GB: CIPS/PMI Services Index

Thu Apr 05 03:30:00 CDT 2018

Consensus Actual Previous
Level 54.0 51.7 54.5

UK services had a much weaker than expected March. The sector PMI weighed in at just 51.7, comfortably below the market consensus and its lowest outturn in some twenty months.

However, in line with the surprisingly steep fall already announced in the construction PMI (see yesterday's calendar entry), bad weather almost certainly had an important negative impact on the headline index. Consequently, its decline will overstate the extent of any underlying deceleration and April should see a rebound.

Still, new business also saw its worst performance in more than a year-and-a-half while employment growth was the slowest so far in 2018. That said, headcount seems to have been checked to some degree by difficulties in filling vacancies due to the tight labour market, a view supported by another increase in backlogs. Even so, while remaining optimistic, business confidence in the year ahead slipped to its lowest level since the middle of last year.

Importantly for the BoE, input cost inflation climbed to a 3-month high as stronger wage growth combined with higher raw material costs and utility bills. Output prices saw their steepest increase since last December.

Today's report will leave the BoE's MPC in something of a quandary. Outside of manufacturing, March does not look to have been a particularly good period for the UK economy but unusually heavy snowfall was clearly an issue and price pressures (crucially, wages) seem to be on the up. On balance, a May tightening still seems probable but this month's inflation and labour market reports now assume even more significance than usual.

The Services Purchasing Managers' Index (PMI) provides an estimate of service sector business activity for the preceding month by using information obtained from a representative sector survey incorporating transport and communication, financial intermediation, business services, personal services, computing and IT and hotels and restaurants. Results are synthesised into a single index which can range between zero and 100. A reading above (below) 50 signals rising (falling) activity versus the previous month and the closer to 100 (zero) the faster is activity growing (contracting). The data are compiled by the Chartered Institute of Purchasing and Supply (CIPS) and Markit.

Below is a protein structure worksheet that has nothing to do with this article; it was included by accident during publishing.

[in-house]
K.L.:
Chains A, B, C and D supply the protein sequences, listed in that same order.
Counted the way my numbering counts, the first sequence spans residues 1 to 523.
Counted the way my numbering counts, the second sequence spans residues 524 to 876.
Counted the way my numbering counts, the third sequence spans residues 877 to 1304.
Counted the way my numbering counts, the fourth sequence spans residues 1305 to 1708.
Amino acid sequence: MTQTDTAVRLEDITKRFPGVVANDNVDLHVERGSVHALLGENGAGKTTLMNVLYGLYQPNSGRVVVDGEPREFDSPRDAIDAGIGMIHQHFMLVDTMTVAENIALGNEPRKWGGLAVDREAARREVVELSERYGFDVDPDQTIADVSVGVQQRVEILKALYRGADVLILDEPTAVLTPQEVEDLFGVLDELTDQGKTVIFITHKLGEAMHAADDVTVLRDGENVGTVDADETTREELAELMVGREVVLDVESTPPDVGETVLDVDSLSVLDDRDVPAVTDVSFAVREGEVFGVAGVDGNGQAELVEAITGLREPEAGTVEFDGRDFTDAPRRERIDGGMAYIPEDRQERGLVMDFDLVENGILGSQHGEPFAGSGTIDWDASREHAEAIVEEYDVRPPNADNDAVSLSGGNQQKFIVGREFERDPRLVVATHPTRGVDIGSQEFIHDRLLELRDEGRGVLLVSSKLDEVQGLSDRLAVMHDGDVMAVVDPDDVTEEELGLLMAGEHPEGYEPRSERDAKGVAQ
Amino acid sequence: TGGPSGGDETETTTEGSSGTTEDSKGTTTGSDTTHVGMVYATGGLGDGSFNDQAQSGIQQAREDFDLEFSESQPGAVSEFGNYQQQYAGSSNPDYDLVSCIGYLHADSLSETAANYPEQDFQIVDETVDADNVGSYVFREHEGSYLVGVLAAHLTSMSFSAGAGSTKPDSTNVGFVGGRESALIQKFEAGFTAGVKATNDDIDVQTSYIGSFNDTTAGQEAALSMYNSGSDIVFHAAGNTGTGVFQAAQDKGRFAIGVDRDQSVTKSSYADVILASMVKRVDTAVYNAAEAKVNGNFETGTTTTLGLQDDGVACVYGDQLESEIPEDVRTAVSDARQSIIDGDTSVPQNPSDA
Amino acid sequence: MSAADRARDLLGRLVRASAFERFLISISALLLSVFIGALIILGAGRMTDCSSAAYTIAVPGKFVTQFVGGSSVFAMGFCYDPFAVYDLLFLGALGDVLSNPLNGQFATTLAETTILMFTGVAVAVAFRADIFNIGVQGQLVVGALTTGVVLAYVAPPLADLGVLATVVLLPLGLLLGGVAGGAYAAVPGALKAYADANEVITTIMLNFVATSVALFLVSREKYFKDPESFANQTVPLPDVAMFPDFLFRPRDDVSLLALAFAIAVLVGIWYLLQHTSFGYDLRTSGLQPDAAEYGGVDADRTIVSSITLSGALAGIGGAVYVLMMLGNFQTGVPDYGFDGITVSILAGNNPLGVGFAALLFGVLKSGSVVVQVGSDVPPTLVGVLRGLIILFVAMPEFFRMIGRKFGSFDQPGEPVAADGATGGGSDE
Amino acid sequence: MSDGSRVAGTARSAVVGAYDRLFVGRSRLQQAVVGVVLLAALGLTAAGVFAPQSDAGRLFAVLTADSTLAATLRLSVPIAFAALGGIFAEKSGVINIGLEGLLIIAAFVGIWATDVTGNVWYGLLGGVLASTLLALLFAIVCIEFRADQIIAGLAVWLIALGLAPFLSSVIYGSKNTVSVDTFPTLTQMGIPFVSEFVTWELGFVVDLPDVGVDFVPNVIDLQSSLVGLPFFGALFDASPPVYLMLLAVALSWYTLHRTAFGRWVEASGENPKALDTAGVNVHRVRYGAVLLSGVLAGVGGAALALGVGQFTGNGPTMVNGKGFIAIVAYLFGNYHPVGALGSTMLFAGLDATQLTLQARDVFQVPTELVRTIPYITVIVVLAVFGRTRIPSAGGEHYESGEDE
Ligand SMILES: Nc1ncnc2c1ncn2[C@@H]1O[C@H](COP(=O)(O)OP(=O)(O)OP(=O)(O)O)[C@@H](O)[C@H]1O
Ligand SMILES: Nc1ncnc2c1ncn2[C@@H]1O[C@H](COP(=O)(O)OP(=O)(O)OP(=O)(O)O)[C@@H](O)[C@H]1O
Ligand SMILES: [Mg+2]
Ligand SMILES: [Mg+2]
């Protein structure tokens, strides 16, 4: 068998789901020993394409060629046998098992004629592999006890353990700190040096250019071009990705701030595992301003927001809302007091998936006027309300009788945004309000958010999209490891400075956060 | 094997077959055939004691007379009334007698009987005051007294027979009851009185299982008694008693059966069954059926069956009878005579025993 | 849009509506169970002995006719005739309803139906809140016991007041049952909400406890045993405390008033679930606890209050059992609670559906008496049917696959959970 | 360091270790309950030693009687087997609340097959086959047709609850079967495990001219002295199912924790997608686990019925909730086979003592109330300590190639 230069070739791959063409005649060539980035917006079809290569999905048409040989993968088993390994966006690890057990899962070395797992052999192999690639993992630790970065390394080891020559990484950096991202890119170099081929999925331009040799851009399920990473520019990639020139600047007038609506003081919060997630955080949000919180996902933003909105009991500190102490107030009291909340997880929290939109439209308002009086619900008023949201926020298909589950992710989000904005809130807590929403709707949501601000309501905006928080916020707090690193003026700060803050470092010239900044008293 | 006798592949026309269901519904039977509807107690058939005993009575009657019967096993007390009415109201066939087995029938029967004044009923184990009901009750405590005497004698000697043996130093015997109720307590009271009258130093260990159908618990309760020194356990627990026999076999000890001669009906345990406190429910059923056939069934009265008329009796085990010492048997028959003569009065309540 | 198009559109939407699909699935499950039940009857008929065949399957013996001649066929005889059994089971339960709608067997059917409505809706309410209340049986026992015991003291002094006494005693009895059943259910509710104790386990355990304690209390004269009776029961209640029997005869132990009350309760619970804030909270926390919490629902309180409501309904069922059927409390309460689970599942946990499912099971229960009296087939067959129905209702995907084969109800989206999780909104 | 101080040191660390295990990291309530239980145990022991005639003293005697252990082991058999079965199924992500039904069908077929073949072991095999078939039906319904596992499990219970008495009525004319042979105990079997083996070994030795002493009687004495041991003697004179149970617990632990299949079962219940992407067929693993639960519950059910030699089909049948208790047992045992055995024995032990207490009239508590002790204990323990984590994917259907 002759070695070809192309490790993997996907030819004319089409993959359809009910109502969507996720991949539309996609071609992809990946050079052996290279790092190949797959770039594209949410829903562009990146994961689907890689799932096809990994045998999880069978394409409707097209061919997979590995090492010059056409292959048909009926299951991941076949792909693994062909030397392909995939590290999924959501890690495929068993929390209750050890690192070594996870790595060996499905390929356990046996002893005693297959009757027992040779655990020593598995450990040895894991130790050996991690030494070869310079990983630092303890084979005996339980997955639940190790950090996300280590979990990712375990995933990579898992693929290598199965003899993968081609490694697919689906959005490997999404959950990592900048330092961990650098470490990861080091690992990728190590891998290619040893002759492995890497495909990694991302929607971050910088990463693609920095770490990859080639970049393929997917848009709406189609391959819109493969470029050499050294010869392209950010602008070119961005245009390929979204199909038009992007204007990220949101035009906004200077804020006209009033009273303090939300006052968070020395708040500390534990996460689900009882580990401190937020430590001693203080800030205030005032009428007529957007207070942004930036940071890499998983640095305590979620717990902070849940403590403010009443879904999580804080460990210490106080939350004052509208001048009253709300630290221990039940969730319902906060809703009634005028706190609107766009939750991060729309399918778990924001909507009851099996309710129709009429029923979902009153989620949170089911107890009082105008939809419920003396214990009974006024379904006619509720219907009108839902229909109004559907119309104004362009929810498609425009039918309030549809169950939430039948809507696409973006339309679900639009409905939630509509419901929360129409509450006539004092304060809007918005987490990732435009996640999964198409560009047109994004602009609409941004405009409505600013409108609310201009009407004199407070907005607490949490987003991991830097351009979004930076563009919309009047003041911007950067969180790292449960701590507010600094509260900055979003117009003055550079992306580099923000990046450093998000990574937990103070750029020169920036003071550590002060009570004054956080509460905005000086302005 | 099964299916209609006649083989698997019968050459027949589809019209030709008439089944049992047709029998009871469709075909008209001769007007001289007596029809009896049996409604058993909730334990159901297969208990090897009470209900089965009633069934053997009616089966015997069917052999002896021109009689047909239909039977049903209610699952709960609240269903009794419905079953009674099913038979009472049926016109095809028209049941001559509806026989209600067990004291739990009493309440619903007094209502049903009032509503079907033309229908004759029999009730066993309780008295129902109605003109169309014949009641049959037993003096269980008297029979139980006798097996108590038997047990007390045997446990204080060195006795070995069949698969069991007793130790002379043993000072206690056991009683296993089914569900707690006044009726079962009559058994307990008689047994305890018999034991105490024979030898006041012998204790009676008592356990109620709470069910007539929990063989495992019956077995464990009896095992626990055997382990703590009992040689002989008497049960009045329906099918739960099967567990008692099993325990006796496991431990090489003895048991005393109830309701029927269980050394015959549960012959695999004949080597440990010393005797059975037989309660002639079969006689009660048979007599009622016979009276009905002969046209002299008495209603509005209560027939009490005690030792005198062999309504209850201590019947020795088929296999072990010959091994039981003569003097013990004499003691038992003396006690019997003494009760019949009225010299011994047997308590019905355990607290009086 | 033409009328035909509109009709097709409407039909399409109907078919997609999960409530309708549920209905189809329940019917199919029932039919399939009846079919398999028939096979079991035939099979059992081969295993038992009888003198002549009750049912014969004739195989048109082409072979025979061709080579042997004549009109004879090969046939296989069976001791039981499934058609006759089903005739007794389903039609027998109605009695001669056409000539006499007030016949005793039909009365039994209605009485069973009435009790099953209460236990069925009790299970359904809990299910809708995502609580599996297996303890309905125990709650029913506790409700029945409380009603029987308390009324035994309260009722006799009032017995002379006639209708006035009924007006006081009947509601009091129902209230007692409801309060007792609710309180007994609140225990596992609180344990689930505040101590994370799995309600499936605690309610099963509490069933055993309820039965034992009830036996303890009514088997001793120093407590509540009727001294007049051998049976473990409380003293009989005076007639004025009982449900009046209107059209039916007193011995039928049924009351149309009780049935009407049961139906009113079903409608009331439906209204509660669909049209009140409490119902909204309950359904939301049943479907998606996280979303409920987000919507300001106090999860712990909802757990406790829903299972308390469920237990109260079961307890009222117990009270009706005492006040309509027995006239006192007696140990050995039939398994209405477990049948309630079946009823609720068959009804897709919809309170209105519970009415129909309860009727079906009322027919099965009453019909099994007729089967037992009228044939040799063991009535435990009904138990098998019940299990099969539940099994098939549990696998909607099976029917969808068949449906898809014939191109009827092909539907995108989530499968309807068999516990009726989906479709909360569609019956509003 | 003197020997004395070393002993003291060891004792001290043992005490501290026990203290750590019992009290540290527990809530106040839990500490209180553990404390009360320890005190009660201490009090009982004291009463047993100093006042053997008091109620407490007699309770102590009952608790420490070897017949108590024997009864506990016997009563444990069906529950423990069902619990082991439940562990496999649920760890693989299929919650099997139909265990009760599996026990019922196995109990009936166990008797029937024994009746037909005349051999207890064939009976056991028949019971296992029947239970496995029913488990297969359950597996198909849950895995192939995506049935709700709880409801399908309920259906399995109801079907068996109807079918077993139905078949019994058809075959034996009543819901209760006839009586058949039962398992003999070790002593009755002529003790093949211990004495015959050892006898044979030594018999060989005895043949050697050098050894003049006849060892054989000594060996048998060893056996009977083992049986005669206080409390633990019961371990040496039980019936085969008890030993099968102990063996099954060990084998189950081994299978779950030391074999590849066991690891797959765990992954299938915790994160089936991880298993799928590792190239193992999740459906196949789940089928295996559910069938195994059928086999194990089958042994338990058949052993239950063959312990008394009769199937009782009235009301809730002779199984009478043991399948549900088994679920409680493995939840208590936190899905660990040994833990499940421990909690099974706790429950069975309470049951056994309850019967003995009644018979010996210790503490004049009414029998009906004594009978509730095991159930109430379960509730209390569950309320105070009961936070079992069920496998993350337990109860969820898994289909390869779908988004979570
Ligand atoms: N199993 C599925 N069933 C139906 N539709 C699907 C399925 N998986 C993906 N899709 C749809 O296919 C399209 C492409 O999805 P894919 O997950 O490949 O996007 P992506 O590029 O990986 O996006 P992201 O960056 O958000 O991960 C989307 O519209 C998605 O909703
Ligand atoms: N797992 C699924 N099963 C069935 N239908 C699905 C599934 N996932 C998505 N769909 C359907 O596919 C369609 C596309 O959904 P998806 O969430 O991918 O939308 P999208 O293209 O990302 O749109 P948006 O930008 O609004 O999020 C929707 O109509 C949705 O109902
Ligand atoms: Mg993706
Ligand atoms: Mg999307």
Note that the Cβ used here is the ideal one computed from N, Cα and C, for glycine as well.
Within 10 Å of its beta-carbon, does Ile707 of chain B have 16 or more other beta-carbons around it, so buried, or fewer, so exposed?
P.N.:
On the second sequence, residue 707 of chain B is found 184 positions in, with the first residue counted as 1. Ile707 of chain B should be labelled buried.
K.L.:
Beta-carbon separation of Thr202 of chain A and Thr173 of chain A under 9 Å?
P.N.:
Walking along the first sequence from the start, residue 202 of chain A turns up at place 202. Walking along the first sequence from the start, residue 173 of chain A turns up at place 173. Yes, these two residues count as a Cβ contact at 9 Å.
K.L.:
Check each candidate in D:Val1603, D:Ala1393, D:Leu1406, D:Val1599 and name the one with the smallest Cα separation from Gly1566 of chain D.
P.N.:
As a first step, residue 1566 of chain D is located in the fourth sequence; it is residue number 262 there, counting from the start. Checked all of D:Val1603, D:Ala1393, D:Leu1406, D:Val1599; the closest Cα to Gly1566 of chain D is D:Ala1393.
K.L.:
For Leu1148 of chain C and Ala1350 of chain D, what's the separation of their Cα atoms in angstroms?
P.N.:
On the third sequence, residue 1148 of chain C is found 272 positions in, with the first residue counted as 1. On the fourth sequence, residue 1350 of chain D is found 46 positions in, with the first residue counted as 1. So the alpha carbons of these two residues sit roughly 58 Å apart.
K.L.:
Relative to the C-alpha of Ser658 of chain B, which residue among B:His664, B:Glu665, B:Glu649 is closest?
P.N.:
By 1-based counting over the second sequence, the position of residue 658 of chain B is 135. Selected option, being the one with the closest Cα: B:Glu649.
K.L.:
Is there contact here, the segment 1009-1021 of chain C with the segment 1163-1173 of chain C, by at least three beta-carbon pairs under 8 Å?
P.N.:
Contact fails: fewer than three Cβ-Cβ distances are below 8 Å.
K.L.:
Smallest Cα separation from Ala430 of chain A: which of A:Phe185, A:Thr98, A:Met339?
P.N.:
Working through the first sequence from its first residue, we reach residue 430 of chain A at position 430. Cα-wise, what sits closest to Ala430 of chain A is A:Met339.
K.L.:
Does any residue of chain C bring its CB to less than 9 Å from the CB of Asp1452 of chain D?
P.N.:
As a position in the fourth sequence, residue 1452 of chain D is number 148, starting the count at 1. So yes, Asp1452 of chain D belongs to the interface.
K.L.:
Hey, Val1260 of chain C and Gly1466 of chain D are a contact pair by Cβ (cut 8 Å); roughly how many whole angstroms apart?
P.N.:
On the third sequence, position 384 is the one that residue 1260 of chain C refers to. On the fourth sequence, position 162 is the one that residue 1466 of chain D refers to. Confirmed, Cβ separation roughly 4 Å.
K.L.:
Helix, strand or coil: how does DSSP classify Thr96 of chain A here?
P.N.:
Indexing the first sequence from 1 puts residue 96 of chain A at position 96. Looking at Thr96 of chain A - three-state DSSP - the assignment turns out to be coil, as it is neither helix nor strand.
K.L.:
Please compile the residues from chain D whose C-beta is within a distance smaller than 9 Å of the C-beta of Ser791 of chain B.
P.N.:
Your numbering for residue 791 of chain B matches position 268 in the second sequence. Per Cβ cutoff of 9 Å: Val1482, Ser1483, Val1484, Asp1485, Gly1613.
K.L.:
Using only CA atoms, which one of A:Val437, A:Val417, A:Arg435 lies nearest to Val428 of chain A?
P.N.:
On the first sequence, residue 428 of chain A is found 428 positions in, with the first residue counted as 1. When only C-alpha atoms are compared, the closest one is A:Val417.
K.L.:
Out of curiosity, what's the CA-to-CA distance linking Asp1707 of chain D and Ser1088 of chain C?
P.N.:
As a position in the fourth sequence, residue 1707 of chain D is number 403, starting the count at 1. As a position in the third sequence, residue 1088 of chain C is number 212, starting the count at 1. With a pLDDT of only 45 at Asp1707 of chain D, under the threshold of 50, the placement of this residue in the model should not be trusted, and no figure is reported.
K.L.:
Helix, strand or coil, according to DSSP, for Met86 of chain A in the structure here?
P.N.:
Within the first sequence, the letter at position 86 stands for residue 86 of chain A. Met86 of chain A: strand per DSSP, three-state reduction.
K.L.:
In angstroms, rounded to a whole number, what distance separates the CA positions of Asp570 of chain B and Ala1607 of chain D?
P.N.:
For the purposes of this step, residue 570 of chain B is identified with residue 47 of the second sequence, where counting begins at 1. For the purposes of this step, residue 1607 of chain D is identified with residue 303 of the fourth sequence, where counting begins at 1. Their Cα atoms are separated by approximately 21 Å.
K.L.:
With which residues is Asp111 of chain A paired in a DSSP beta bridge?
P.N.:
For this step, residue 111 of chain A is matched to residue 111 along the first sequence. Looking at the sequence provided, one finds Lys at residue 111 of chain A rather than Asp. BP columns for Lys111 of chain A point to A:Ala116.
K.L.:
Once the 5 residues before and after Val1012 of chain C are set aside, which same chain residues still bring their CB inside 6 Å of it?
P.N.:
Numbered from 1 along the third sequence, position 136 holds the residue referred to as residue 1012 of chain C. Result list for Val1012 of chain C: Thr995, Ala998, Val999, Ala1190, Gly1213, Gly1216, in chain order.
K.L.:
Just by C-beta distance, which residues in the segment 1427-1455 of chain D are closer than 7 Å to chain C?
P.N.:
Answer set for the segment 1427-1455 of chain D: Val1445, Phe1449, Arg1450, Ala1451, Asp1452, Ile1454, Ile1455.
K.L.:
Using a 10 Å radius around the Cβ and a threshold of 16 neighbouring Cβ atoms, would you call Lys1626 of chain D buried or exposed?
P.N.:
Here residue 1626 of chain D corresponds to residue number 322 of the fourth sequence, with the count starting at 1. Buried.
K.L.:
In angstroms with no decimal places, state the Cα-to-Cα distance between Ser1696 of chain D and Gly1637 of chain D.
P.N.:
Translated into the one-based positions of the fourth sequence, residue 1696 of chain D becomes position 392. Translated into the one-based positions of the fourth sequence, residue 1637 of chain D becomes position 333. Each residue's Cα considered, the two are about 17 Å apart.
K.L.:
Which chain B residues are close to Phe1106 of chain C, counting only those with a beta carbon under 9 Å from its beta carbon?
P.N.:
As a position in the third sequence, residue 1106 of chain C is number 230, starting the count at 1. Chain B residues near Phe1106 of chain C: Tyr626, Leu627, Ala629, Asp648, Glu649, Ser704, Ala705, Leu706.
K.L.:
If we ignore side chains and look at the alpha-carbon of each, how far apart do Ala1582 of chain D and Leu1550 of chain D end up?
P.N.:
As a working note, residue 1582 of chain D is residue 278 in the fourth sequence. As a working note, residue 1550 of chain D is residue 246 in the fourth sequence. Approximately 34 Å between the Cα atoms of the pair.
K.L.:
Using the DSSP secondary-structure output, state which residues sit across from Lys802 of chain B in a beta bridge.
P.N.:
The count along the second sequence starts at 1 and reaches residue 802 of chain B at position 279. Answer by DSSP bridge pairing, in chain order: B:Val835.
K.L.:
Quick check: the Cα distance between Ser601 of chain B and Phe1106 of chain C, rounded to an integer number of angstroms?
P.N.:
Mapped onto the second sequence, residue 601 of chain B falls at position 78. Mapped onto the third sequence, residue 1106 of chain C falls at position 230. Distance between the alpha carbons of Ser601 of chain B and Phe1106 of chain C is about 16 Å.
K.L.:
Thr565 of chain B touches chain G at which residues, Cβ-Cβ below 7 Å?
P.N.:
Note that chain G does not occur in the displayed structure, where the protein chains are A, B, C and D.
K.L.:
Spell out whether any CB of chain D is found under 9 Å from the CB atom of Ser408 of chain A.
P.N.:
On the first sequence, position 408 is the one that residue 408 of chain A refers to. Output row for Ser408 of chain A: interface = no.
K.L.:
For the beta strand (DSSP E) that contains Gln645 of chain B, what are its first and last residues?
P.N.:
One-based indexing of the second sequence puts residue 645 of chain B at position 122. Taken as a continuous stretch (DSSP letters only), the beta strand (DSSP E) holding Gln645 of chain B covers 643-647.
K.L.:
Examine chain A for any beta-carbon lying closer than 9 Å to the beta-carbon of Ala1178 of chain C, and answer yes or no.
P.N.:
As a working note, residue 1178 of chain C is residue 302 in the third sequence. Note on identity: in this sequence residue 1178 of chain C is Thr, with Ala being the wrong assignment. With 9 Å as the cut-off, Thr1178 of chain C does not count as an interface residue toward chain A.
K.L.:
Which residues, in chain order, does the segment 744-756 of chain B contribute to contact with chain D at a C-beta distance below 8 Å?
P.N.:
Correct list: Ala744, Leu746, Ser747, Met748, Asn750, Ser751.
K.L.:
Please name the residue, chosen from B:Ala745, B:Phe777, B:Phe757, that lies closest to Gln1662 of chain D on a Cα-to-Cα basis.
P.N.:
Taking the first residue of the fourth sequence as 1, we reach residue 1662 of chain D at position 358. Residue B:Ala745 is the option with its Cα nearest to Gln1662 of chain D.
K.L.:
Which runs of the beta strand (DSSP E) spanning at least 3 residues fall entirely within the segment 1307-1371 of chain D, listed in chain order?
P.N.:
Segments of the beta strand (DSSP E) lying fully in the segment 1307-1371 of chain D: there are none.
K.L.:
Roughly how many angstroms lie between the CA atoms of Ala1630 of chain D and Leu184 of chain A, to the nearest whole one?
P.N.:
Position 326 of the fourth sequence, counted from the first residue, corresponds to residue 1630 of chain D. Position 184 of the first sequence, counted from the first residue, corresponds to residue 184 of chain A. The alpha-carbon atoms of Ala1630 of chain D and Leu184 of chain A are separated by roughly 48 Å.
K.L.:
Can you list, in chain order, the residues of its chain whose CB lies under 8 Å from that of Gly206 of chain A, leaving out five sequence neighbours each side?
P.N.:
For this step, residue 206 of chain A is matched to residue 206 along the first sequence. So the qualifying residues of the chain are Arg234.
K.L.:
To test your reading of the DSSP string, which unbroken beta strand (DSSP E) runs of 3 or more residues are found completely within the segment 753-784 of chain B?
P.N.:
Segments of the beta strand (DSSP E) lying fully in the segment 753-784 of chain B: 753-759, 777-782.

Investors need to keep their fingers on the pulse of the economy because it dictates how various types of investments will perform. By tracking economic data such as the ISM non-manufacturing index in the U.S. and the Markit Services PMIs elsewhere, investors will know what the economic backdrop is for the various markets. The stock market likes to see healthy economic growth because that translates to higher corporate profits. The bond market prefers less rapid growth and is extremely sensitive to whether the economy is growing too quickly and causing potential inflationary pressures.

The Markit PMI services data give a detailed look at the services sector, how busy it is and where things are headed. The indexes are widely used by businesses, governments and economic analysts in financial institutions to help better understand business conditions and guide corporate and investment strategy. In particular, central banks in many countries use the data to help make interest rate decisions. PMI surveys are the first indicators of economic conditions published each month and are therefore available well ahead of comparable data produced by government bodies.